APAC Monthly IP Update – October 2020 



China amends its Patent Law

On 17 October 2020, China’s National People’s Congress Standing Committee passed amendments to the patent law. This revised patent law (“2020 Patent Law”) will take effect on 1 June 2021. Since the previous law was revised in 2008 ("2008 Patent Law"), this is the first time after more than a decade that China has amended its patent law.

Before the passage and promulgation of the 2020 Patent Law, two draft amendments were published on 4 January 2019 (“First Amendments”) and on 3 July 2020 (“Second Amendments”) for public comments and consultation. Compared to the Second Amendments, the 2020 Patent Law slightly modifies certain provisions. In general, compared to the 2008 Patent Law, the 2020 Patent Law maintains the key developments from the Second Amendments including enhanced design patent protection such as the term of a design patent is extended from 10 to 15 years, the possibility of receiving compensation for unreasonable delay in the granting process of invention patents, , pharmaceutical patent-term extensions, increased statutory damages for patent infringement, an improved damage determination method, and the establishment of an early pharmaceutical patent-dispute resolution mechanism and patent linkage system that further protects the rights of patentees. 

Please click here for a Law-Now Article of the 2020 Patent Law, and click here for the full text (Chinese only) of the passed amendments.

CNIPA publishes draft revision of guidelines for patent examination for comments

On 30 September 2020, China's National Intellectual Property Administration (“CNIPA”) issued Draft Revision of the Guidelines for Patent Examination (First Batch of Draft for Comment) (“Draft Guidelines”), which will be open for public comments until 15 November 2020.

The most recent amendments to the Guidelines for Patent Examination took effect on 1 February 2020, which mainly focus on rules and regulations for examining applications including algorithms or business methods in the fields of AI, Internet Plus, big data and blockchain. In response to the rapid economic and technological development and the improvement of the quality and efficiency of patent examination, the CNIPA issued the Draft Guidelines that focus on patent examination in the pharmaceutical field. Compared with the currently effective 0201 Guidelines, highlights of the Draft Guidelines are as follows:

  • Providing examples where post-filing data is accepted

  • On the basis of amendments made in 2017, the Draft Guidelines add one provision providing two examples where supplemental data in the pharmaceutical field should be accepted and considered, especially concerning data proving the treatment effect and data showing an unexpected technical effect compared to a cited prior art.

  • Making the clarification between “disclosure” and “presumed disclosure” for compound applications

  • Previously, if a compound is mentioned in a prior art, it is considered disclosed and destroys the novelty of the compound. In the Draft Guidelines, it specifies that a compound is disclosed when the structural information such as the chemical name or molecular formula (structural formula) is disclosed. The compounds are presumed to be substantially similar when considering the incomplete structural information in combination with other information, such as the physicochemical parameters, preparation method, and data showing the effect. Under such circumstance, this presumption can be overturned if an applicant can prove otherwise.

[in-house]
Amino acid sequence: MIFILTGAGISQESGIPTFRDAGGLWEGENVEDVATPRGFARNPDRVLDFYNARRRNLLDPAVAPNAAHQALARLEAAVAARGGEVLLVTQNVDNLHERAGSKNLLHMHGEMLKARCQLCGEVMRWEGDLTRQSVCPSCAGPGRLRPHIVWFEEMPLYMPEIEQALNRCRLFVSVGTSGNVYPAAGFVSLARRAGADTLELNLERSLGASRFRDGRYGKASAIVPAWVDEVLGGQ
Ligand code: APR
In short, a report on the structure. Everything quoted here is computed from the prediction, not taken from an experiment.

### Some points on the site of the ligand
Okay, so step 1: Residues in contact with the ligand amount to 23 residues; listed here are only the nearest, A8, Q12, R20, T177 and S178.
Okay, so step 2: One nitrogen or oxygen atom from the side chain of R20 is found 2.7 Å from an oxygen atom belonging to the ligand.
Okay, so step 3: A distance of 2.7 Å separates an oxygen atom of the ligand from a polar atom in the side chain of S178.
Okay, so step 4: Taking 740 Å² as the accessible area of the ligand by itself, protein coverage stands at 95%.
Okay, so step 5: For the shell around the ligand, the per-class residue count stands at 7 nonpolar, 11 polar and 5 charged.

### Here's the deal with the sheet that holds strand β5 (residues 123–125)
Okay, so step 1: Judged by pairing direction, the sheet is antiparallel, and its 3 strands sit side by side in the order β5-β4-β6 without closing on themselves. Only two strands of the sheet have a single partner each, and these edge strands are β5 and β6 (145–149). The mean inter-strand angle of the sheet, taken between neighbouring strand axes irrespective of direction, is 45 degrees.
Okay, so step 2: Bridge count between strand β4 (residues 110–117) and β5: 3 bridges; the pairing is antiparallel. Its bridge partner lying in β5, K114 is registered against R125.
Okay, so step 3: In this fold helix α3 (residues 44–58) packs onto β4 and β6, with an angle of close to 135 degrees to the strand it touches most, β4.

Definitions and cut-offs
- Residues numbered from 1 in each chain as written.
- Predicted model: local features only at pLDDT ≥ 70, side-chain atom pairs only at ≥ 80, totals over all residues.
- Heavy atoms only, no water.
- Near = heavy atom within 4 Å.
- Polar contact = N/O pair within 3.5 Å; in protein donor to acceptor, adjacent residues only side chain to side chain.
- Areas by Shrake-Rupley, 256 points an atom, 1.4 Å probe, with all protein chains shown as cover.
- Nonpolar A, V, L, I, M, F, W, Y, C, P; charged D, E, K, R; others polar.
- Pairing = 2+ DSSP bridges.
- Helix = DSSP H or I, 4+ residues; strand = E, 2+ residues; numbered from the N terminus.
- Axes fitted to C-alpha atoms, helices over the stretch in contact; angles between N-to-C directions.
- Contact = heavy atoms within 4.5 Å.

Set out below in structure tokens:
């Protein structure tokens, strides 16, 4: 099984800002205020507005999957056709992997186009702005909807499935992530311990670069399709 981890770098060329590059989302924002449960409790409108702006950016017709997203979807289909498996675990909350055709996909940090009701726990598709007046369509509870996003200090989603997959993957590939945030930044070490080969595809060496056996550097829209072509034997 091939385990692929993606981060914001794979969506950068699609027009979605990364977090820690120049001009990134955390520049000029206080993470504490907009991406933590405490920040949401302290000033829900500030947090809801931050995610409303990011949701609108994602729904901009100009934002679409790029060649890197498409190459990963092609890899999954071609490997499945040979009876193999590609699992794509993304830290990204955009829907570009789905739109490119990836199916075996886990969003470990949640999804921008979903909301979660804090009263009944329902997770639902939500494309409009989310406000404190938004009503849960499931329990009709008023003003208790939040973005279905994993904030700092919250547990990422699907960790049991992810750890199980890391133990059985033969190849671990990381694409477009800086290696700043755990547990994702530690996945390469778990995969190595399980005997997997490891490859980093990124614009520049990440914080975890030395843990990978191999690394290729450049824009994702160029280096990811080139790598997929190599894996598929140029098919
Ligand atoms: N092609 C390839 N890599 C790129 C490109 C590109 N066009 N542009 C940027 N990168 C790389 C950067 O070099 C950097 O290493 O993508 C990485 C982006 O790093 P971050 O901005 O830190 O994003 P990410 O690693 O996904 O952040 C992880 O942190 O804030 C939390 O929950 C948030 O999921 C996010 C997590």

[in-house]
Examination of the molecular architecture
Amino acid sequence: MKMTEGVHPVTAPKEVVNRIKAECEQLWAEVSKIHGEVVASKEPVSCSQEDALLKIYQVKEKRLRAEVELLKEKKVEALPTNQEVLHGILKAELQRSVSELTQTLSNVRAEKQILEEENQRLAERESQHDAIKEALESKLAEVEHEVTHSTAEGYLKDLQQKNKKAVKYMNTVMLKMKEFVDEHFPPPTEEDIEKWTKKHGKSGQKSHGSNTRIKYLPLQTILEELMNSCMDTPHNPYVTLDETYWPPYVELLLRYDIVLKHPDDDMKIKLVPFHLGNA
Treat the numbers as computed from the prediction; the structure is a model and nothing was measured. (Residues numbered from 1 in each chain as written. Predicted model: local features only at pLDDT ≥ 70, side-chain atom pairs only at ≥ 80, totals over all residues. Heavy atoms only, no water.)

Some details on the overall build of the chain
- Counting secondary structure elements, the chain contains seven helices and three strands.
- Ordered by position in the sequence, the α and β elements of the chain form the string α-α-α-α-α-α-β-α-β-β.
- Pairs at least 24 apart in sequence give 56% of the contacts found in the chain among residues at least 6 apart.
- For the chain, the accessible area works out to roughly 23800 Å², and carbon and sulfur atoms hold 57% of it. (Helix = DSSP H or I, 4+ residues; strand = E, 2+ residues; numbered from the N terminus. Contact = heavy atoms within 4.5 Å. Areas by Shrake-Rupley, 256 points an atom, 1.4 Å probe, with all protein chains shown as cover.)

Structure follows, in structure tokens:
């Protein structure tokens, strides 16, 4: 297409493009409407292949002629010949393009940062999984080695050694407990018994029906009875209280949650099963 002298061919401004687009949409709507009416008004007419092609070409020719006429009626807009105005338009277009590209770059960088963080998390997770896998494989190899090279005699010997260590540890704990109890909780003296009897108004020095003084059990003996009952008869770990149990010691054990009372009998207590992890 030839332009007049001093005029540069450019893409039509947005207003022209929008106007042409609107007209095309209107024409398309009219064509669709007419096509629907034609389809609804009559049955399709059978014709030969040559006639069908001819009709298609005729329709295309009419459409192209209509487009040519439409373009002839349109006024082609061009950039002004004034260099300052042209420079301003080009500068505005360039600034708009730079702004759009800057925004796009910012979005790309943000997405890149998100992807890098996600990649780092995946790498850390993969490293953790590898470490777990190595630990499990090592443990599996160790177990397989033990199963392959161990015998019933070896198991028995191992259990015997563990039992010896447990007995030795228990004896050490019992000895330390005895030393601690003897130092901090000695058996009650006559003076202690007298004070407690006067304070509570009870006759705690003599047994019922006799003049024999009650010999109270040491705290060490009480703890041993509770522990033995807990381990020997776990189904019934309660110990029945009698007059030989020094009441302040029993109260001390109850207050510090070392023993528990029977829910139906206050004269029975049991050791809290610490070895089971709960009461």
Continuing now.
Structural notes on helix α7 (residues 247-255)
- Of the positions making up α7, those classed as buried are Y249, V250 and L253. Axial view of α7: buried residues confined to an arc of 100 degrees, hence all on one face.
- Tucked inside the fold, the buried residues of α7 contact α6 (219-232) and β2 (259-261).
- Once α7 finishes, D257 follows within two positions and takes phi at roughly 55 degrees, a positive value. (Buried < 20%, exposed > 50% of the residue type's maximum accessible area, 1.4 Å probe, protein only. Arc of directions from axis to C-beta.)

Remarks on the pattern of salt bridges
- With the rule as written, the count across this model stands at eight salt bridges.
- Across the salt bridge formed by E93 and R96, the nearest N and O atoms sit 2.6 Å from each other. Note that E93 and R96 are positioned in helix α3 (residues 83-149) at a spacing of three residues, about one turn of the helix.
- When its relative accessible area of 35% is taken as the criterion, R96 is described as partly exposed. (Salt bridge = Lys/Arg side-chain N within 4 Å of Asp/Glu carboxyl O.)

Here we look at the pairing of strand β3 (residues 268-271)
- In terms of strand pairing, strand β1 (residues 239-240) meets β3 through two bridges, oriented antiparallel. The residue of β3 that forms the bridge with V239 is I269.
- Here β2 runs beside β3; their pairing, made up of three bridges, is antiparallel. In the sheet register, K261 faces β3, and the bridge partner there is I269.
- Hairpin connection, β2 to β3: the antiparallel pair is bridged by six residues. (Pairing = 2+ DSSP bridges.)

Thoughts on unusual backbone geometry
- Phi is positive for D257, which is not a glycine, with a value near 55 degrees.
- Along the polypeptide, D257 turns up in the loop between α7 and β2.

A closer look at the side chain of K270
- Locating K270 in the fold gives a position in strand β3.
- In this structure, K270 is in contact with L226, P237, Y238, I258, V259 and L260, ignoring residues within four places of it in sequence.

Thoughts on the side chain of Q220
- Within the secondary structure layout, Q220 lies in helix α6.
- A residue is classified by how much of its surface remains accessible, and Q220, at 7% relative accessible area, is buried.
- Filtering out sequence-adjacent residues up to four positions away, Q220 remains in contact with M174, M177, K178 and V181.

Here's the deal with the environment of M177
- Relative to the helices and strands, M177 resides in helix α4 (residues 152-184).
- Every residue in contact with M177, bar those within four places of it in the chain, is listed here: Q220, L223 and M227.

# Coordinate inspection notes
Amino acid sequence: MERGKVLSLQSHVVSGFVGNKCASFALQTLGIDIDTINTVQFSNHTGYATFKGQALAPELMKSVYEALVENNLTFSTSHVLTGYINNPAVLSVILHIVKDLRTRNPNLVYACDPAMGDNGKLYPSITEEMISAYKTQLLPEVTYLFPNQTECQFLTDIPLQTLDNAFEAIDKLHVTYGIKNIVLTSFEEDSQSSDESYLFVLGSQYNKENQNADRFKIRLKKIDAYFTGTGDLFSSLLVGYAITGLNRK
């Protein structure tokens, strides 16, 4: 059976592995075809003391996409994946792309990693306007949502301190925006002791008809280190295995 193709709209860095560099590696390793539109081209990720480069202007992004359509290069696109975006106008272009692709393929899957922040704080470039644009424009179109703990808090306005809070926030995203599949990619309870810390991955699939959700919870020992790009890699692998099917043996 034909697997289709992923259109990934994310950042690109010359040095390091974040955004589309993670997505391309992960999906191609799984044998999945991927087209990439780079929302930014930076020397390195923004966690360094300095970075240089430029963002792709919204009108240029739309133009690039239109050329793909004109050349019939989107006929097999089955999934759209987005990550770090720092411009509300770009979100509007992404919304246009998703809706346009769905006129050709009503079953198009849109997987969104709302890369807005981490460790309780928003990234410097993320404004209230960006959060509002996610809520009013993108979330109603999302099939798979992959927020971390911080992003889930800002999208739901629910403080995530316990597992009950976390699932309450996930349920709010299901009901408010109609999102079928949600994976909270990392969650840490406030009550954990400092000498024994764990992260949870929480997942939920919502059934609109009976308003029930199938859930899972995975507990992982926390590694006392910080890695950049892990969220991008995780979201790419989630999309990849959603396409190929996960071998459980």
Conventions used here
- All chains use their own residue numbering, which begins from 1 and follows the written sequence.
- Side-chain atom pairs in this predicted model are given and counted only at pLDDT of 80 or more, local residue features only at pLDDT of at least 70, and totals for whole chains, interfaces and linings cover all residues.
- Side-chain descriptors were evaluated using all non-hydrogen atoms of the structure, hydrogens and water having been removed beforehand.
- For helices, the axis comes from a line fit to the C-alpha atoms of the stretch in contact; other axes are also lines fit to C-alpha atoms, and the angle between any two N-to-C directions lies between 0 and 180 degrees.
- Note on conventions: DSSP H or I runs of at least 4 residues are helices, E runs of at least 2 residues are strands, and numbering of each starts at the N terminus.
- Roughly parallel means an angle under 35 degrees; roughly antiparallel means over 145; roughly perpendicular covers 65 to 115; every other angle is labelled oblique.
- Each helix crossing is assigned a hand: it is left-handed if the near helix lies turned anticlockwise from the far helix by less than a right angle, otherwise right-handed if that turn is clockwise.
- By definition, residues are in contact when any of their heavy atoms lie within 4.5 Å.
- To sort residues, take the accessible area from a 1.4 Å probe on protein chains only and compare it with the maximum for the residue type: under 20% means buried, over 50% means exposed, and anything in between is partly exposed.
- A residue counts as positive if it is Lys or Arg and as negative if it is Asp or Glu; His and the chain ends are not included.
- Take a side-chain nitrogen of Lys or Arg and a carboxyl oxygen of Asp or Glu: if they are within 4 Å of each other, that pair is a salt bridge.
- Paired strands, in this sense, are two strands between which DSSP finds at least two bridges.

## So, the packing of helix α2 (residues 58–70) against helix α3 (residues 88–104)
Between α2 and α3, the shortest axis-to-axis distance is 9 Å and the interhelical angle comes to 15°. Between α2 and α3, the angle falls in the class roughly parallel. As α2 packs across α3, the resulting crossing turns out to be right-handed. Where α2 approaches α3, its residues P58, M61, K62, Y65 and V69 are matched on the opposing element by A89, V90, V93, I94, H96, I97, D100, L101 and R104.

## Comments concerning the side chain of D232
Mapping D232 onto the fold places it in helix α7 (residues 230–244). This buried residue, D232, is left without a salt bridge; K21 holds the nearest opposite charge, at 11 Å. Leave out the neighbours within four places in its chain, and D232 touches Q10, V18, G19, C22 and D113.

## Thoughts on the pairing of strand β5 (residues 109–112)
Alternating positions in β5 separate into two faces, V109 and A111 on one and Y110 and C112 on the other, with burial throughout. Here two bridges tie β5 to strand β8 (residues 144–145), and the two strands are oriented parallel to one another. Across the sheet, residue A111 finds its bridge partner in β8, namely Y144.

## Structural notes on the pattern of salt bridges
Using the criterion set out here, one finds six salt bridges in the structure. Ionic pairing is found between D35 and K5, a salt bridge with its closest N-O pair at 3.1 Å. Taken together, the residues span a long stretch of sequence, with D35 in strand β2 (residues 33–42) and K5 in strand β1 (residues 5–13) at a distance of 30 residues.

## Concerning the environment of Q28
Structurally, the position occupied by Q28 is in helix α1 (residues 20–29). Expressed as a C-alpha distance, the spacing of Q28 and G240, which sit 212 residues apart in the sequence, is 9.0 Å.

• Clarifying the examination criteria for obviousness of a chemical compound

  • Compared to the previous version that states a compound not structurally similar to a prior art compound is considered non-obvious if the compound provides an effect, the Draft Guidelines specifies that the analysis of the obviousness of a compound should follow the following three-step analysis: firstly, identify the closest prior art; secondly, identify the problem actually solved by the invention; and thirdly, determine the obviousness issue. The Draft Guidelines reaffirms that a compound is considered non-obvious when there is an unexpected technical effect. The Draft Guidelines also provide examples for determining obviousness.

  • Clarifying the examination criteria for biological products

Compared to the previous version stating that the encoding gene is obvious when the sequence of a protein is unknown and a skilled artisan can easily obtain the sequence of the amino acid of the protein, the Draft Guidelines specifies that the analysis of the obviousness in the biological field should also follow the three-step analysis stated above. It also provides detailed guidance for determining the obviousness of genes, polypeptides or proteins, recombinant vectors, fusion cells, and monoclonal antibodies.

Please click here for the full text (Chinese only) of the Draft Revision of the Guidelines for Patent Examination (First Batch of Draft for Comment).

CNIPA issues provisions on the protection of geographical indications

On 24 September 2020, China National Intellectual Property Administration (“CNIPA”) issued a draft of its Provisions on the Protection of Geographical Indications (Draft for Comment) (“2020 Draft”), which was open for public comments until 24 October 2020.

The 2020 Draft [is a draft of China’s dedicated legislation on geographical indications (“GI”), and is aimed at clarifying the rights and obligations of parties in relation to GI; stipulating circumstances where the protection of GI is denied; optimising the application and examination processes for protection of GI; strengthening the protection of GI; strengthening the quality supervision responsibility of geographical products; and coordinating the protection of GI of foreign applicants.

Please click here for the full text (Chinese only) of the Provisions on the Protection of Geographical Indications (Draft for Comment).

SAMR publishes measures for the protection of official marks

On 28 September 2020, the State Administration for Market Regulation (“SAMR”) issued its draft Measures for the Protection of Official Marks (Draft for Comment) (“2020 Draft”), which was open for public comments until 18 October 2020.